One of the things I look forward to the most at the FrightFest is the short film showcase.

It’s the one place you’re guaranteed to find filmmakers of nerve, creativity and resourcefulness despite the merits of the end film they produce.

Short films are produced because people have an idea and the will to see it on screen. It is the essence of cinema and gusto is what we need more of in the UK film industry. Don’t wait for someone to give you permission to be a filmmaker; be a filmmaker.

Anyway, in the spirit of short films, I’ve decided to keep my reviews equally curt. Here’s the rundown:

RISE OF THE APPLICANCES, UK – Household electrical goods go on the rampage in a suburban house. Easily the best short of the showcase. I WANT to see this film as a feature. Delivered with wit, pitch perfect performances and special effects that make you believe what’s happening.

LA MADRE, Spain – A farcical five minutes of a mother’s worst nightmare coming true at once for all her three kids. Played seriously, but should have been played for laughs.

NELLY AND LO (aka Thelma and Louise), Canada – Thelma and Louise meets Cheech and Chong. Also, a moose battles a serial killer. Weird with a few goofball laughs.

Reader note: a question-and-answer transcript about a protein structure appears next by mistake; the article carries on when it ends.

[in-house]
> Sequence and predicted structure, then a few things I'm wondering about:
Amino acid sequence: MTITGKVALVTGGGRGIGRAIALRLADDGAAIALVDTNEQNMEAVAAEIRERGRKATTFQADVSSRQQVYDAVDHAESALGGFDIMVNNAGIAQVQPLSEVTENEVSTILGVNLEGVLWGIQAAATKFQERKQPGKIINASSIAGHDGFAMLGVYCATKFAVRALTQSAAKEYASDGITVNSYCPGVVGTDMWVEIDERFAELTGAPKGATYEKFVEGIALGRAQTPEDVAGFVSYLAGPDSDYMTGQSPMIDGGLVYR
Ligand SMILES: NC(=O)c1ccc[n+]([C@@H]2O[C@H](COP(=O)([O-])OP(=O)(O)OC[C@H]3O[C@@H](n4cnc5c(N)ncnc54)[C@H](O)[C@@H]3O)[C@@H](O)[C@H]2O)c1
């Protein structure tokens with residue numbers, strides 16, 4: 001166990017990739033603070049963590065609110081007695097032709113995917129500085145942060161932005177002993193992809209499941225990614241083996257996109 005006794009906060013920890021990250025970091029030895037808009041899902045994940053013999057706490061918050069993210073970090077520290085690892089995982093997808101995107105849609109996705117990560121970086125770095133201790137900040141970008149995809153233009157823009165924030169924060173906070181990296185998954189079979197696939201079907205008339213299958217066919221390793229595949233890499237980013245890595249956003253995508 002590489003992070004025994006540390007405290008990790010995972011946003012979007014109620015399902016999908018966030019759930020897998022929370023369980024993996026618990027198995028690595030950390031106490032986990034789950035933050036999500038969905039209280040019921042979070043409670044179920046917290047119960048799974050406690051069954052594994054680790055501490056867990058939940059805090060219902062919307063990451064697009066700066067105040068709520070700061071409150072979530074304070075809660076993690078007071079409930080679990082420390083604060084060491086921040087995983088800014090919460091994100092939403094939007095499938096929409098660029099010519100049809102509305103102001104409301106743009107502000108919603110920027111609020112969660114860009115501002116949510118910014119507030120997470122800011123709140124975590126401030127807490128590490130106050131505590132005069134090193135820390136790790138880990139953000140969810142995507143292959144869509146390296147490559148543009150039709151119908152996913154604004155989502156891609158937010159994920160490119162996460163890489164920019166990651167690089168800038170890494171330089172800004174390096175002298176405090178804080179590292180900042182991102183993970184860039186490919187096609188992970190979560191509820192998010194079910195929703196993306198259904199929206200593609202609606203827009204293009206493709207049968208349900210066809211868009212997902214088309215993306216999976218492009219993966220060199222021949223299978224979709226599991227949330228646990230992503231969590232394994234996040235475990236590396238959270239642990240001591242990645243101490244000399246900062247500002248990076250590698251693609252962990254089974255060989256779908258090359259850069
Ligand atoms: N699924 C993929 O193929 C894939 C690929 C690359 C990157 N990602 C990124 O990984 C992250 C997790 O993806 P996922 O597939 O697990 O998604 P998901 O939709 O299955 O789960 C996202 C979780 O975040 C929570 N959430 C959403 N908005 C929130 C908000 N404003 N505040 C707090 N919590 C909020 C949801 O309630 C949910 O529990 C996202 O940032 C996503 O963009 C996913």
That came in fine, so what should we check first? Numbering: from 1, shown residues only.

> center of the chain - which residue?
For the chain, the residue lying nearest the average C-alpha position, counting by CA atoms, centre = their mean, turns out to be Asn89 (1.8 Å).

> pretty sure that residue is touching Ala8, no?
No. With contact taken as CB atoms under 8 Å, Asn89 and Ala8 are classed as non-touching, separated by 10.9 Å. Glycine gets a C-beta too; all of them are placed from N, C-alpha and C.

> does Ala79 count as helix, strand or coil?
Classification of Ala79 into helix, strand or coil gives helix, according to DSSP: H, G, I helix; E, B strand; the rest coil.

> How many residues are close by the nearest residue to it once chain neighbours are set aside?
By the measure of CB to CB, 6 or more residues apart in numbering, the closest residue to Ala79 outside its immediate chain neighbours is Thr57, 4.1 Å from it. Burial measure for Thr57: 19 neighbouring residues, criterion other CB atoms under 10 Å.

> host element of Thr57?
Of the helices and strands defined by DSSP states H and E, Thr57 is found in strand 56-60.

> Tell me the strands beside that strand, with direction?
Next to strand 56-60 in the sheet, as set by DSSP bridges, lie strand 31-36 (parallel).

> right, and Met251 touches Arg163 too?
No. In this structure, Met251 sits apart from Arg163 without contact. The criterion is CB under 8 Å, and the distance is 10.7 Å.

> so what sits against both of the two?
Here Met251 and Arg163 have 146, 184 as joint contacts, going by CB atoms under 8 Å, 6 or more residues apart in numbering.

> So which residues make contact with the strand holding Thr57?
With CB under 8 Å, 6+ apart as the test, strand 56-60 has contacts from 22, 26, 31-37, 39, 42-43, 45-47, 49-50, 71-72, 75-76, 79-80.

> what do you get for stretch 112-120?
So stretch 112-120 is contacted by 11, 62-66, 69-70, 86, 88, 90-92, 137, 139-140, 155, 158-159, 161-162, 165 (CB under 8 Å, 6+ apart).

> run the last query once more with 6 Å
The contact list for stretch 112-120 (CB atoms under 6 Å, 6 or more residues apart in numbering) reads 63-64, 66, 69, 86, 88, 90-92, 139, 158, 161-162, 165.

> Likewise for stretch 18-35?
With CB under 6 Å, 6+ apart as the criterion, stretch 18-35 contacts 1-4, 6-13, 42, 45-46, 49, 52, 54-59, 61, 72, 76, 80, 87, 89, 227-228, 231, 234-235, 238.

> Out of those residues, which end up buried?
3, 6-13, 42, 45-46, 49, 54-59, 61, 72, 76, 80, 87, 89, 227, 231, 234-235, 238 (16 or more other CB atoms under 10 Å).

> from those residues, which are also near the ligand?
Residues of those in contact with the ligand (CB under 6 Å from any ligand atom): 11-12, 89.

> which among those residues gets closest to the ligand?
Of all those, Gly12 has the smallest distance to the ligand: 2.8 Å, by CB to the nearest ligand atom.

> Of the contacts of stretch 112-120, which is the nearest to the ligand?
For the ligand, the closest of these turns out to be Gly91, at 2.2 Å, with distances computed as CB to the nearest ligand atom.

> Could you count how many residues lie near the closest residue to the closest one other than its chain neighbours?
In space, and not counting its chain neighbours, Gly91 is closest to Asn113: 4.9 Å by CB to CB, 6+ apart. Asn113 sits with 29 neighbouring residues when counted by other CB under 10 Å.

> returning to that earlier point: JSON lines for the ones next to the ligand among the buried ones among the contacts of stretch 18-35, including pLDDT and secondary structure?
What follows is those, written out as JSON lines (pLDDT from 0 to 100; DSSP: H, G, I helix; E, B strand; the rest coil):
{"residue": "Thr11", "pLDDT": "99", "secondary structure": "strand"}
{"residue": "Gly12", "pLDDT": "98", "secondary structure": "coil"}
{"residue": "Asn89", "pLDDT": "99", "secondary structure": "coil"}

HOW I SURVIVED A ZOMBIE APOCALYPSE, USA – Sarah and John Conner style daughter and son take on zombies. Unremarkable.

BON APETIT, UK – The bizarre consumption of dubious culinary delights. Nonsense.

SWITCH, UK – Female Rocky vs Serial Killer Yuppie in Snow. Nonsense.

PAPA WRESTLING, PORTUGAL – Dad is called in to deliver justice for his son after the infant’s lunchbox is stolen by bullies. A gem of a short delivered with laugh out loud gore.

TO MY MOTHER AND FATHER UK/TURKEY – Psycho-sexual tentacle horror as mother and father engage in a bit of baby making, unaware they are being watched. Disturbing and truly weird.

THROUGH THE NIGHT, UK – A couple have trouble sleeping, but what’s keeping them awake? Beautifully shot with eerie tension that builds to a John Landis Twilight Zone conclusion.

RED BALOON, UK – An old urban legend given an airing. Production values match the remake of When a Stranger Calls.

CHOREOMANIA, UK – Thriller meets Train Spotting via Night of the Living Dead. Made me chuckle.

2.22, USA – Unremarkable.

THE END, UK – One cool dream sequence that raised laughs. Unremarkable, otherwise.

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posted by JP at 2:36 am  

FrightFest 2010 We Are What We Are (aka Somos lo que hay) Movie Review